History for Graduate Students

This guide is designed for masters and Phd students in the Department of History.

Writing Guides

Literature Review Writing Guides

Theses Databases

Consider other forms of published literature

 

To find journal articles, you have three options:

1. Search Omni library's main search box to find books, journal articles, newspaper articles, videos, and many other types of published literature. Omni searches almost all of our collections and databases, simultaneously. For help, consult How to find Articles in Omni or the use the Omni Search Tips guide.

2. Search Databases

Important note: If the library does not have what you need, you can order electronic material from other libraries through RACER.

3. Search Google Scholar

Most researchers regularly search Google Scholar because it is convenient, but please remember to always connect to it via the Carleton Library.

Google Scholar is a large search engine that searches information on the web and provides links to full-text articles to which the Carleton Library subscribes, or to articles made freely available by publishers. It provides articles from academic publishers, professional societies, preprint repositories and scholarly articles posted on the web. Although it is easy to use and includes 'cited by' and ranking features, it does not provide full text without a library subscription, and the coverage for the humanities and social sciences is uneven. There is no 'filter option' for just scholarly publications and very few options to limit or narrow your search results.

Cited Reference Searching 

Why is this important? It is most often used for finding articles that cite a particular work. Many databases provide citation counts for individual articles.

For more help:

Begin with: 

Searching for primary sources:

Search your topic (or historical person of interest) using Omni the library's main search box to find primary sources (or reproductions) in our collection. Keyword searches that include the following terms will identify primary materials most of the time: diar*, correspondence, letters, memoir, personal narratives, recollections, reminiscences, journal, sources.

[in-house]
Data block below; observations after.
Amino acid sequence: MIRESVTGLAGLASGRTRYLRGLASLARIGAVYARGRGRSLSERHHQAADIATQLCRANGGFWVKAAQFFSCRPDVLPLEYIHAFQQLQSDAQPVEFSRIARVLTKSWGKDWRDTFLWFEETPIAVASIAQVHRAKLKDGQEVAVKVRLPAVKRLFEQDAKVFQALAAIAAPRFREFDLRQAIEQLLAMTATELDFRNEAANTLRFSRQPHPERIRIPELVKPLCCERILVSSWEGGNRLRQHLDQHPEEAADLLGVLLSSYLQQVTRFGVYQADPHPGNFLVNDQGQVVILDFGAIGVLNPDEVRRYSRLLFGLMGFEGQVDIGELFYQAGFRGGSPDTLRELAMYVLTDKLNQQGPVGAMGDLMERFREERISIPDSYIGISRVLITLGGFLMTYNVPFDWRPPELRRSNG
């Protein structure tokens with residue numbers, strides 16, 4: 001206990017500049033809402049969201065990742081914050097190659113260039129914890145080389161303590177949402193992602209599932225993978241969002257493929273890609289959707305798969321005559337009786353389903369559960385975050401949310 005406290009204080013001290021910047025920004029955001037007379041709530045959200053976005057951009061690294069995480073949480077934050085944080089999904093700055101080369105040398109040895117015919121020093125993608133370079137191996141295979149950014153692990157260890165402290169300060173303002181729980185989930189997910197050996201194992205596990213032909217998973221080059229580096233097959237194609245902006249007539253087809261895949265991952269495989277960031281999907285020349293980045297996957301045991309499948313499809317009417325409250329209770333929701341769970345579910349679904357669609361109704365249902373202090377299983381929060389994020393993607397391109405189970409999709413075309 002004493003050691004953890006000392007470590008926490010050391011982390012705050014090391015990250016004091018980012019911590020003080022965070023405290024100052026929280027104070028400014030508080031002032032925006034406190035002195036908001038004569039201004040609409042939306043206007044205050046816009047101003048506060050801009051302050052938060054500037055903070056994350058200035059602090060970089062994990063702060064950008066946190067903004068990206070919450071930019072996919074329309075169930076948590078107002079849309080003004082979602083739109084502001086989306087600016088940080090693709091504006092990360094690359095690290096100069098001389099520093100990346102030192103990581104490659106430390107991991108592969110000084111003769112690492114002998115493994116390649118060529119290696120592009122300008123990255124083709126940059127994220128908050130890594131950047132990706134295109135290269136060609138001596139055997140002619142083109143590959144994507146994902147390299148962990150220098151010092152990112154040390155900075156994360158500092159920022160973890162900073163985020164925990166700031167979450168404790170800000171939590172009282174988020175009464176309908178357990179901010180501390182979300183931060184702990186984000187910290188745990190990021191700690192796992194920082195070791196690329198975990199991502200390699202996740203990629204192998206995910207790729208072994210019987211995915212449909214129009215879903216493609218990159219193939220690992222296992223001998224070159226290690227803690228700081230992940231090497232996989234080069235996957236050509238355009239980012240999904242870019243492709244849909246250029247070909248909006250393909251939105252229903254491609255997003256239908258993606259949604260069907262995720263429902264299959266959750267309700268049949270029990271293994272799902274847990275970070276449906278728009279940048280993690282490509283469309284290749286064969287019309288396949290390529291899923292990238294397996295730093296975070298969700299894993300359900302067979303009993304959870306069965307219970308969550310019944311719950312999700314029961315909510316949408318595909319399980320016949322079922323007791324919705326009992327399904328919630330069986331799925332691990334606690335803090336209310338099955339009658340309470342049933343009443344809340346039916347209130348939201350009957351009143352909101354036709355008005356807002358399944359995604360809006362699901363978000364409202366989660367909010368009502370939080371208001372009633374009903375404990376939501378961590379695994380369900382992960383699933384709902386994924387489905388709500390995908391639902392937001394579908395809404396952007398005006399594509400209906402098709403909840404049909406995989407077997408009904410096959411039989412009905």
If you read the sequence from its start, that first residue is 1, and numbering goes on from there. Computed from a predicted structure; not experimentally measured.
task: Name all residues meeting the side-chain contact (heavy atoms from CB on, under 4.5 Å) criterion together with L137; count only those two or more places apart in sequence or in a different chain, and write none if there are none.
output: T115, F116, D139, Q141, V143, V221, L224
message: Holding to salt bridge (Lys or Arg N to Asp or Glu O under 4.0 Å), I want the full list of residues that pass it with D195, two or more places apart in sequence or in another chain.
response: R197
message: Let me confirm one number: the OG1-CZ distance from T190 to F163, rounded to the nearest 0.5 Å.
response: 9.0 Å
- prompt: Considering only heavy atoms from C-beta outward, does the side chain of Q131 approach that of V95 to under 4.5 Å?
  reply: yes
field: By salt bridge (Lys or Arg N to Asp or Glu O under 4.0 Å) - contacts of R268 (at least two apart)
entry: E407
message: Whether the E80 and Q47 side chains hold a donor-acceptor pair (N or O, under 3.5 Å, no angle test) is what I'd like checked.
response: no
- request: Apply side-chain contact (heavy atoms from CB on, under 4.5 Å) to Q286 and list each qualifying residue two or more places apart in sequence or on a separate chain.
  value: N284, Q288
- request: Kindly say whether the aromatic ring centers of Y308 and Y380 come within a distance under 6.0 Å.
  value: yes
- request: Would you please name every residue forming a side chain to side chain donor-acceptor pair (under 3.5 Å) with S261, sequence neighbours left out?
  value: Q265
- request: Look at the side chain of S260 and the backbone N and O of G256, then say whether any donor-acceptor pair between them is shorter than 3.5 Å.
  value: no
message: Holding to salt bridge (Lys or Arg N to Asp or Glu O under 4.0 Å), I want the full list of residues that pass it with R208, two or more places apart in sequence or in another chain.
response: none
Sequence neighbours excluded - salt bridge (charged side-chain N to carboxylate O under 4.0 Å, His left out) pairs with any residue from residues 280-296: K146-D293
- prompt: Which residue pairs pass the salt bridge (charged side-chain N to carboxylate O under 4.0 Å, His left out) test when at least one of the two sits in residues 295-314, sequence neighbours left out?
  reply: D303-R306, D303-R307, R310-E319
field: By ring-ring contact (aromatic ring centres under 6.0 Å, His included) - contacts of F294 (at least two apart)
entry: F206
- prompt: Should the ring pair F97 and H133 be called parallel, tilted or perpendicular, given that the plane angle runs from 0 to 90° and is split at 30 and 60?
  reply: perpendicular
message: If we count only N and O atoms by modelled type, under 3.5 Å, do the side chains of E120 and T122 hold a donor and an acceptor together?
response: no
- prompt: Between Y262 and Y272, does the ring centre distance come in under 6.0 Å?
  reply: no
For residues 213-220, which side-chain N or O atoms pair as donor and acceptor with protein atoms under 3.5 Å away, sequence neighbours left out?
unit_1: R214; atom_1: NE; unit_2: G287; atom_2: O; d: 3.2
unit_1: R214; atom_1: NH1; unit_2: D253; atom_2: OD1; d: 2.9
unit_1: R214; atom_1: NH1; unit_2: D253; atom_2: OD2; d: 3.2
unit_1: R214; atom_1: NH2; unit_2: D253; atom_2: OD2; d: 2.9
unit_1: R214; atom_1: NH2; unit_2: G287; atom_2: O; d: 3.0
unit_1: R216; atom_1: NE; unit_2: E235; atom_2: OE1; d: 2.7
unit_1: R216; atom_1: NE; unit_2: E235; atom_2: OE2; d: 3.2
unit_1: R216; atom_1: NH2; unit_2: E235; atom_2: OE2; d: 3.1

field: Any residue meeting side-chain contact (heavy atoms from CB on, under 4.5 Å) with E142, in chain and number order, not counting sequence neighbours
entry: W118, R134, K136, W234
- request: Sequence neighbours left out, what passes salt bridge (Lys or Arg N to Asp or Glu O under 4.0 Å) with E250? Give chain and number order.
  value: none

Search example: nurses AND war AND diar*

 Other search tips: 

Historical Newspaper Databases

Primary Sources on the web

Citing

Consult the Citation Management Help Guide for more information. There are many free citation management systems available. The library provides support for the following:

Databases

Sage Research Methods database is designed to support researchers with writing a research question, choosing a method, gathering and analyzing data, to and writing up & publishing the findings.

  • Tip: Browse by discipline, look for 'History' to find a number of handbooks and case studies.

Useful Books

Nvivo Software

Nvivo is qualitative data analysis software intended to help researchers organize and analyze data, identify trends, and cross examine information in a variety of ways.  Consult the NVIVO service web page for more information about this tool and online training.

Publishing Tools

Self Archiving

  • CURVE is Carleton's institutional repository which collects, preserves and provides open access to the academic research output and creative works of Carleton faculty and scholars.

Open Access

Funding

ORCID

Journal Metrics

Journal-level metrics (bibliometrics) is used to measure the impact of a journal as a whole. They can also be used for:

  • preparing your portfolio
  • assessing the impact and quality of a journal relative to a particular discipline or field through ranking
  • tenure and promotion in academia
  • publication venue choices
  • collection building and assessment

For more information, consult:

Other Help

Content last reviewed: January 13, 2021